The marquee match-up of the series. The two best players in the world, playing the same position, competing in a finals series that most of us thought would be decided by the outcome of this match-up.  And Lebron James decided, that the outcome would favour the Heat. Sure, Kevin Durant put up his 30 points a night but he ultimately just didn’t do enough. For a guy with his length, why isn’t he rebounding more? Why isn’t he contributing more on defence? Yes he’s still very young, and has plenty of time to mature, and develop his game. Lebron after all, only just figured everything out and he is 27. Kevin Durant will get his time, if the Heat let him.

Advantage: Heat

5 keys, all of which were dominated by the Heat, and all of which would be necessary components in the Heat’s eventual success. As much as this series will be remembered as the series where Lebron ‘figured it out’, the Heat needed every single component to secure victory. The role players, Dwayne Wade, Erik Spoelstra AND Lebron James were all needed for the Heat to secure that ring. Because where would Lebron and Wade be if they kicked the ball  out to perimeter players who couldn’t shoot? And what would those role players do, if their two superstars didn’t rip apart a defence by driving to the basket, obtaining open looks on the perimeter in the process?

The decision was two years ago, it is time to move on. Because this TEAM is everything you could hope for. This is a TEAM who enjoy playing team ball. A TEAM with an unselfish Star who enjoys playing team ball. A TEAM with 12 players, and one very talented coach, who pride themselves, on team ball. Lets embrace the Heat, because I have a feeling they might be around for a while.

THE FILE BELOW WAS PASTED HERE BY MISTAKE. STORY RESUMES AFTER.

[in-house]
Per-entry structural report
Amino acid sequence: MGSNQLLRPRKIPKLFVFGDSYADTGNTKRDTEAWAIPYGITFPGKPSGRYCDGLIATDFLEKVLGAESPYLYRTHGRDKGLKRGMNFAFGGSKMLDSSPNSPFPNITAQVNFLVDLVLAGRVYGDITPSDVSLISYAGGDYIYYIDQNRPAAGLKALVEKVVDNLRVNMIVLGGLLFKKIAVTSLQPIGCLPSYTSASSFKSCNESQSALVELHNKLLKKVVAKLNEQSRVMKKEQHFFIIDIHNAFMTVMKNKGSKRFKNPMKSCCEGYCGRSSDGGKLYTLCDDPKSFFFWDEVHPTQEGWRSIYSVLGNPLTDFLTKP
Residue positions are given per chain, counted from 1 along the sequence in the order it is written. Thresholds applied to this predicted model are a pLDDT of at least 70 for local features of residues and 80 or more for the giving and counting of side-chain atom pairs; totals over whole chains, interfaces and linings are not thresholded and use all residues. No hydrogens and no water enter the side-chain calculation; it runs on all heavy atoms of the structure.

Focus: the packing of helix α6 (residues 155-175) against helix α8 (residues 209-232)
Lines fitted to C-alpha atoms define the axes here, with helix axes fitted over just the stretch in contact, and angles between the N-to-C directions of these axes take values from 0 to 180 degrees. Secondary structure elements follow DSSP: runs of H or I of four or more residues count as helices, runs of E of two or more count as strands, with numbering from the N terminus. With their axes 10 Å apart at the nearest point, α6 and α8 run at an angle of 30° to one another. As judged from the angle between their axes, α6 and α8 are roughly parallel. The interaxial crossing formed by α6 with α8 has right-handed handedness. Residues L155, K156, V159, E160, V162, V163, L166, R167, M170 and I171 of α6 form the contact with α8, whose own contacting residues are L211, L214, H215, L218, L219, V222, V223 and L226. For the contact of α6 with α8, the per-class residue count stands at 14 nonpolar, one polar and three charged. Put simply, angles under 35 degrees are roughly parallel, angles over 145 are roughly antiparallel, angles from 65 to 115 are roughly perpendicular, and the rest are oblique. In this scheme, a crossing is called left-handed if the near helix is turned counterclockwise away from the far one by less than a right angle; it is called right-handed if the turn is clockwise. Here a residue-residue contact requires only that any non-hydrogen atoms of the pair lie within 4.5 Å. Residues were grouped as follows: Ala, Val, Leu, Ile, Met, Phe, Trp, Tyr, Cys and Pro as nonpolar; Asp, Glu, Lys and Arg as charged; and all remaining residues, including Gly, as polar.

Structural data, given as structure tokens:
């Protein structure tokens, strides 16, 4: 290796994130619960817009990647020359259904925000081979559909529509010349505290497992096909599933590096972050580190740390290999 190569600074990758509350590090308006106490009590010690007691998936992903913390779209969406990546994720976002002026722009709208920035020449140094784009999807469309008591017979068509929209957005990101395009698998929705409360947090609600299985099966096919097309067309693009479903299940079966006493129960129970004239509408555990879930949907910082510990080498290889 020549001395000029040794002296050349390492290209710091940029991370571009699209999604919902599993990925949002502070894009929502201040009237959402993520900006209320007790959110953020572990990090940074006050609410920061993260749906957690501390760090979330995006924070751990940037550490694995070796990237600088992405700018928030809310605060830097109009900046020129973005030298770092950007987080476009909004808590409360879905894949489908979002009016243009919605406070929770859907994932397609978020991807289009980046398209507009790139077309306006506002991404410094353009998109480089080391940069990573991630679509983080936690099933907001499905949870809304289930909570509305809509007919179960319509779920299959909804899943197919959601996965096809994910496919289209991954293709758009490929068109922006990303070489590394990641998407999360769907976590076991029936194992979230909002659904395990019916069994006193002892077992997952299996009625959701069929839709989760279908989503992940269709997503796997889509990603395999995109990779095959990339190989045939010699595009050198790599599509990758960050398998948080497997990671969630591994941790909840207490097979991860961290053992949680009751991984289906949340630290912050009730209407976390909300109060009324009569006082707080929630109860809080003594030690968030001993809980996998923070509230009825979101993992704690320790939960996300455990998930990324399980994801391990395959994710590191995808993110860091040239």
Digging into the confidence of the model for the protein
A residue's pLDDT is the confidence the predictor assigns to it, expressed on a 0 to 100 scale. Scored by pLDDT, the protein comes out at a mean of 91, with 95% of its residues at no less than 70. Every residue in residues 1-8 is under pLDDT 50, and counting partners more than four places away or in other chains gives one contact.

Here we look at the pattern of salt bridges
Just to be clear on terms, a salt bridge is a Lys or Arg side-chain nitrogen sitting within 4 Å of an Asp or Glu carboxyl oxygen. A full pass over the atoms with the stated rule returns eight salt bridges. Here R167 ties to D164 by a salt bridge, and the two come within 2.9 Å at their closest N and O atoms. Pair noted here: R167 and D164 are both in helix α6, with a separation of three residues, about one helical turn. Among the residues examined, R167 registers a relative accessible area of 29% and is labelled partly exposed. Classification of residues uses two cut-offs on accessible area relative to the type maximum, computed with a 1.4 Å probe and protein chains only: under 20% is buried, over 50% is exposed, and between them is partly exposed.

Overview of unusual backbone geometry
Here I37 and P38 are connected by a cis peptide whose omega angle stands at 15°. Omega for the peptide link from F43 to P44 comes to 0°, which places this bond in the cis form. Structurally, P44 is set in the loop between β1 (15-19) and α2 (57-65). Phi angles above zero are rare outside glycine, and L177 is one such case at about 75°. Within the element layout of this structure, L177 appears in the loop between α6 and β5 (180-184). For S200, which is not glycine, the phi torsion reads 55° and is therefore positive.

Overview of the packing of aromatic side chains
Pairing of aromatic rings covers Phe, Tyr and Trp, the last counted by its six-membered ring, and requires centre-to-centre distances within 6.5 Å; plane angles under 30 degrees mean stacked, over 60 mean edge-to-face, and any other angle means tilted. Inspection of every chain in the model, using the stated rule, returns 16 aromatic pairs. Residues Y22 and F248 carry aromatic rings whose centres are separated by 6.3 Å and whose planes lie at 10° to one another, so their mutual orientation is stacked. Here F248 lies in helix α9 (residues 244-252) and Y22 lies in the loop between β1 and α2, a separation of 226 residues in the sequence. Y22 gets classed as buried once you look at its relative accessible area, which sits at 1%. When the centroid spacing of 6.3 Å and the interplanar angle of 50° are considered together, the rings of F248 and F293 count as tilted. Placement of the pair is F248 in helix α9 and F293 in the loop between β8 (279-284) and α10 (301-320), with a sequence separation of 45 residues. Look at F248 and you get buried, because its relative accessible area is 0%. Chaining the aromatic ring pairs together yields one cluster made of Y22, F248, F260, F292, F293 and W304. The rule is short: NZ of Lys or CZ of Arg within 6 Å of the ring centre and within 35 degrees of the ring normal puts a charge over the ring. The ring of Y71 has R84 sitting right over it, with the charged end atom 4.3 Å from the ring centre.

NBA Finals – Heat vs Thunder: 5 Keys to the Series

It’s not often in an NBA finals where the two greatest players in the world are playing on opposing teams let alone playing the same position, but that’s what we have been gifted with this years finals, as the Scoring machine Kevin Durant and his Thunder team match up with the ‘Freight train’ Lebron James and the Heat. It’s a salivating prospect, and with both of these teams stars, still very much in their prime, we could be getting treated to this series for the next decade. Here are the 5 keys to the remainder of the series.

1. Russell Westbrook’s decision making

Let me just make something abundantly clear, Russell Westbrook is a fantastic point guard. My criticism doesn’t occur because he’s a terrible player who needs to dramatically improve, this is just one aspect of his game that needs to be slightly improved to ensure that he can maximise his contribution for Oklahoma City.

Let me hit you with some stats. In game 1 Russell Westbrook went 10-24 for 27 points with 11 assists. In game 2 he went 10-26 for 27 points with 7 assists. Now if you were to analyse both of those stat-lines without any contextual knowledge, you would find very little disparity between the two games. And yet he only draws criticism from Game 2, the game in which his team was defeated, even though his performances were essentially identical apart from slightly fewer assists. Now this isn’t me defending Westbrook, this is me saying, that this has been a problem with Russell Westbrook for far too long now. So Why must it take a Thunder loss, to make people realise that, that is the case?